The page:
I don’t know what Sen. Richardson’s motives were in introducing this legislation. I do try to always assume the best intentions.
What I do know is that this issue is bigger than any one sponsor of a bill in Delaware. It is a concerted national strategy by the same forces that have resisted equality for the LGBTQ community at every turn.
We’re seeing it in Texas, in Florida, we’re seeing it across the country, as anti-LGBTQ politicians and activists seek to strip trans kids from their parents, try to prevent teachers from being able to be allies, seek to ban health care providers and being able to provide medically necessary health care, seek to keep trans kids from being able to play with their friends and benefit from teamwork and their coaches and their classmates.
Taken all together, this is part of a national strategy … to distract from the broader problem they face of not having a meaningful agenda that speaks to people on the issues that they’re facing in their lives. [The national Republican Party] instead is choosing to talk about issues from trans athletes to critical race theory that are meant to distract and divide the public because they have no ideas to tackle the big issues of our time.
THE RECAST: I know you’ve said one day you think there is going to be a trans president. So should we be anticipating a Sarah McBride in 2024? Maybe 2028 or 2032?
MCBRIDE: (chuckles) I think we’ve taken anyone can be president a little too literally. I’m absolutely loving what I’m doing and I wouldn’t wish being president on my worst enemy.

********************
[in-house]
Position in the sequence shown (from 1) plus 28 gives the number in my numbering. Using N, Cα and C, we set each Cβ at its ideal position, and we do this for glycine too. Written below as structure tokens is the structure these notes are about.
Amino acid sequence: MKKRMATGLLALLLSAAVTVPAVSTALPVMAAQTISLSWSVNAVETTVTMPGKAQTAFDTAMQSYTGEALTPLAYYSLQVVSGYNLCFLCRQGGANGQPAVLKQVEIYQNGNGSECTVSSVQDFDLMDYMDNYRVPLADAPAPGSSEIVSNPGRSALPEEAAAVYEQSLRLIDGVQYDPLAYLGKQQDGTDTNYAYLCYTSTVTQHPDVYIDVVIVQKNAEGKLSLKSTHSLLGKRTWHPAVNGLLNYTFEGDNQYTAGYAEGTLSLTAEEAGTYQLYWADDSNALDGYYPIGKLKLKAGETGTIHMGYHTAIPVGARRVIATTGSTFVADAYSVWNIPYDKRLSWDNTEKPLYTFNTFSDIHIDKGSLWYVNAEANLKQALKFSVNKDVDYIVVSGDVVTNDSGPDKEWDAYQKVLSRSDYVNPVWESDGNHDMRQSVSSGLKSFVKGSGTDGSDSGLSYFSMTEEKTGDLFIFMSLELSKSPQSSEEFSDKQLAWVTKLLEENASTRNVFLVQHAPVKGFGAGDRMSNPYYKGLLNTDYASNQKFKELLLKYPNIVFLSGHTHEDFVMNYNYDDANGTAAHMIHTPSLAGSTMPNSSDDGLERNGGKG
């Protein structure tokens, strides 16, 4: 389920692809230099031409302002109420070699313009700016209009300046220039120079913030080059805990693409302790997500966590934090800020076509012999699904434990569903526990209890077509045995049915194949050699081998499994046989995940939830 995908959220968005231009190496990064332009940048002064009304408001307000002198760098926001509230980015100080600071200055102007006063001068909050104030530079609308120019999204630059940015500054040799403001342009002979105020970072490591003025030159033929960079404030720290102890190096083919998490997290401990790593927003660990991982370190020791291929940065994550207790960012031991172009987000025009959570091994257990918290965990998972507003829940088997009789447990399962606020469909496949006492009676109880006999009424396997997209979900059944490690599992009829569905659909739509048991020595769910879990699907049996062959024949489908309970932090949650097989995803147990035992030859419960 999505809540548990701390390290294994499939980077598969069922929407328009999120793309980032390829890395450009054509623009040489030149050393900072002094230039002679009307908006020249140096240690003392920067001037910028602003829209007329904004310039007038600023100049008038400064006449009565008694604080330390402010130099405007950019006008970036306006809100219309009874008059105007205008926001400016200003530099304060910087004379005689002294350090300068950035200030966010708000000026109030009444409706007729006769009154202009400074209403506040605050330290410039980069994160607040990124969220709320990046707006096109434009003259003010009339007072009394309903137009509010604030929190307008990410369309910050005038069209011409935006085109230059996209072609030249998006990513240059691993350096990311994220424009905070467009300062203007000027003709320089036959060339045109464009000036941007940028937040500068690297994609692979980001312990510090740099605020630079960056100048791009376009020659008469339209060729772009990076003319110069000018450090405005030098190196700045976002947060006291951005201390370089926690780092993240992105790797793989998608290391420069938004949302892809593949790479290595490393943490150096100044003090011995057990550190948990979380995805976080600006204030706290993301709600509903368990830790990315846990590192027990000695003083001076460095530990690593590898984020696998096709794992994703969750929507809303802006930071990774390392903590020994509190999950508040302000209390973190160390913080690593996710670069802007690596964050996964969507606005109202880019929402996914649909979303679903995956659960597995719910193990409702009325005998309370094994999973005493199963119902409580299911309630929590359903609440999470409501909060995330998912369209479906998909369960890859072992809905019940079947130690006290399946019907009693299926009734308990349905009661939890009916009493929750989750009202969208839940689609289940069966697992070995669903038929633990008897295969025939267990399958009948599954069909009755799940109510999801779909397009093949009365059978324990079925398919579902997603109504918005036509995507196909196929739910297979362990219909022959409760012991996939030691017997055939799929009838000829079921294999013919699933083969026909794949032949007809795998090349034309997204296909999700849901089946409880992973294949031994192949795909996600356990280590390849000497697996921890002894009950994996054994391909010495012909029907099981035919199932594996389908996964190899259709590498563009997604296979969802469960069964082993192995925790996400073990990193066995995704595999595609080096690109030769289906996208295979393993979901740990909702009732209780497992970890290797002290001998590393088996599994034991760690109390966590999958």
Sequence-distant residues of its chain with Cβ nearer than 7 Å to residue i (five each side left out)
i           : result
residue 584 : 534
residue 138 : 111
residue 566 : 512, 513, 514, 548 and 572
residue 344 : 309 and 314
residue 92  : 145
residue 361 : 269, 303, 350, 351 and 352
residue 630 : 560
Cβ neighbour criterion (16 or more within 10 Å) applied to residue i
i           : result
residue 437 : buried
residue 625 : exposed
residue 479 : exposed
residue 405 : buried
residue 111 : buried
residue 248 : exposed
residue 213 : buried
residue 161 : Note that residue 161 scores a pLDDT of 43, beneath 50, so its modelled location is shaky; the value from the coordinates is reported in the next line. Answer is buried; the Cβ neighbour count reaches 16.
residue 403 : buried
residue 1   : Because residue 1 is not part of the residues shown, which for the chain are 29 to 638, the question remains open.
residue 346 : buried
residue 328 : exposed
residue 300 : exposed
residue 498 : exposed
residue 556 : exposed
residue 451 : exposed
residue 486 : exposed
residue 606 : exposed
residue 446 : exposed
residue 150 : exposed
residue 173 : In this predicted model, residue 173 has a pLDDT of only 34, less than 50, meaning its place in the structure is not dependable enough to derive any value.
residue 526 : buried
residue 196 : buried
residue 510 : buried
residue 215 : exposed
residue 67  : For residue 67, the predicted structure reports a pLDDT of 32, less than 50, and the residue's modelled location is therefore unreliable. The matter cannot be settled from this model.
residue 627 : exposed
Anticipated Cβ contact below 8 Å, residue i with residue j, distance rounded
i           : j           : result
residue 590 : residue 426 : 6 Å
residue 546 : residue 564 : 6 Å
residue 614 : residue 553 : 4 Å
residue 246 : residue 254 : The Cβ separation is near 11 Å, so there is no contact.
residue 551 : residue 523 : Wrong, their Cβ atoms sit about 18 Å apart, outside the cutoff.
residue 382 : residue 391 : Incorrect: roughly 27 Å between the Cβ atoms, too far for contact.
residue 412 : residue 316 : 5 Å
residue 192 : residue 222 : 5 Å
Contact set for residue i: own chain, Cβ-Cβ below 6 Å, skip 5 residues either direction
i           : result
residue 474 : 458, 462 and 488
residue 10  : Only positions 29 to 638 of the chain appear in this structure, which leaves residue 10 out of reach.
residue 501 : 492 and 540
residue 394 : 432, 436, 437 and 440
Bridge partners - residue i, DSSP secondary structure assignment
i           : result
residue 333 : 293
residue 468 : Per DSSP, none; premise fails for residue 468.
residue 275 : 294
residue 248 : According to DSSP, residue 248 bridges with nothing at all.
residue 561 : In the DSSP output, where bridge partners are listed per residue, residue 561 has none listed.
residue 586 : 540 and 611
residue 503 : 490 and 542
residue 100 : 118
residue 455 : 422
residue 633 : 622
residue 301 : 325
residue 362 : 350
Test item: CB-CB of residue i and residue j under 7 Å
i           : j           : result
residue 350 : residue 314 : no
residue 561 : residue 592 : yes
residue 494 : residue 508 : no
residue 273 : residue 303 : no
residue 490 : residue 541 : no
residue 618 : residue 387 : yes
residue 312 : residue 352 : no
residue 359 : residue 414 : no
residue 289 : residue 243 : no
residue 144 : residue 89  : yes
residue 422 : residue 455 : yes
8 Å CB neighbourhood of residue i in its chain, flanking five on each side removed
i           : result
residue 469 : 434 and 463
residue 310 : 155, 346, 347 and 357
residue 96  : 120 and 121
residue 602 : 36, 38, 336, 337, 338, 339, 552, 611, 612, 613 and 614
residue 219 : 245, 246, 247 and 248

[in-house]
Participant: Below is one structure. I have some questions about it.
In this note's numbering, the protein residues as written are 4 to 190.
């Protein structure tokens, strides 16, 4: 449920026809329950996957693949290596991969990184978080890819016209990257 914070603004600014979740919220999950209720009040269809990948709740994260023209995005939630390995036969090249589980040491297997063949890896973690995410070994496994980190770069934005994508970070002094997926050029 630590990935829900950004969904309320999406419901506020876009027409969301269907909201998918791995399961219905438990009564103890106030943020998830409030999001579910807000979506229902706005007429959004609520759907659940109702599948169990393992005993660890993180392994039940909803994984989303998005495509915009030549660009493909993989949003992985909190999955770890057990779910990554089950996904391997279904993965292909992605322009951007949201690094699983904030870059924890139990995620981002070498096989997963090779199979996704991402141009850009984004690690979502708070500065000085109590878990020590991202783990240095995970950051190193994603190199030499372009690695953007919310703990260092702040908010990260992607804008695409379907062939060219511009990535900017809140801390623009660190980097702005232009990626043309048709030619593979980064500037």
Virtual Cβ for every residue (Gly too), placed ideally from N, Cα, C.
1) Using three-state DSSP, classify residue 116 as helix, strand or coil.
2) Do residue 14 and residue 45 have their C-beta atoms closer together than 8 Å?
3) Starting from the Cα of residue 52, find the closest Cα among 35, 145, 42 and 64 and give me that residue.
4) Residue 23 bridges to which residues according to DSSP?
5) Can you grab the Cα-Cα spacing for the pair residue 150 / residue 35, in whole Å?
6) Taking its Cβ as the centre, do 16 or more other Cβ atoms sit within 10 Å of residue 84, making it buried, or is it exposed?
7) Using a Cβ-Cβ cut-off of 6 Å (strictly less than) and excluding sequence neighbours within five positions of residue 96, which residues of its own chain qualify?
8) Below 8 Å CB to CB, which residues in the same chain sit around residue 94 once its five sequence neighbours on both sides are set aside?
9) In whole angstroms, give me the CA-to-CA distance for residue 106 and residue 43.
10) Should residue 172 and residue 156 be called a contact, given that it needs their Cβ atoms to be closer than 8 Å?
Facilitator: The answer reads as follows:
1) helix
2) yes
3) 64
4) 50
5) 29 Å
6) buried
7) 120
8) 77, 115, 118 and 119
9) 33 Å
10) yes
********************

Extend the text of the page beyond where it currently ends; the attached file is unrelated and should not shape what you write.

THE RECAST: That’s not something you hear a politician say very often, but I get it. But you never know, times may change and you may get the urge. I mean, someone else from Delaware has done that. Why not you?
MCBRIDE: The bigger barrier to that is not my trans identity, but the fact that we could not conceivably have two presidents from Delaware within one century. Like that’s not gonna happen! (laughs)
I will say – less jokingly – I am confident that there will be a trans president someday. And that among the many young trans people that I’ve met, one of them will be the future president of the United States.
I’m excited for those trans young people, in whatever area of life and passion they pursue, to see them create that change.
OK Recasters, sending you good vibes as you wrap up your week. Now, on to our weekend to-dos!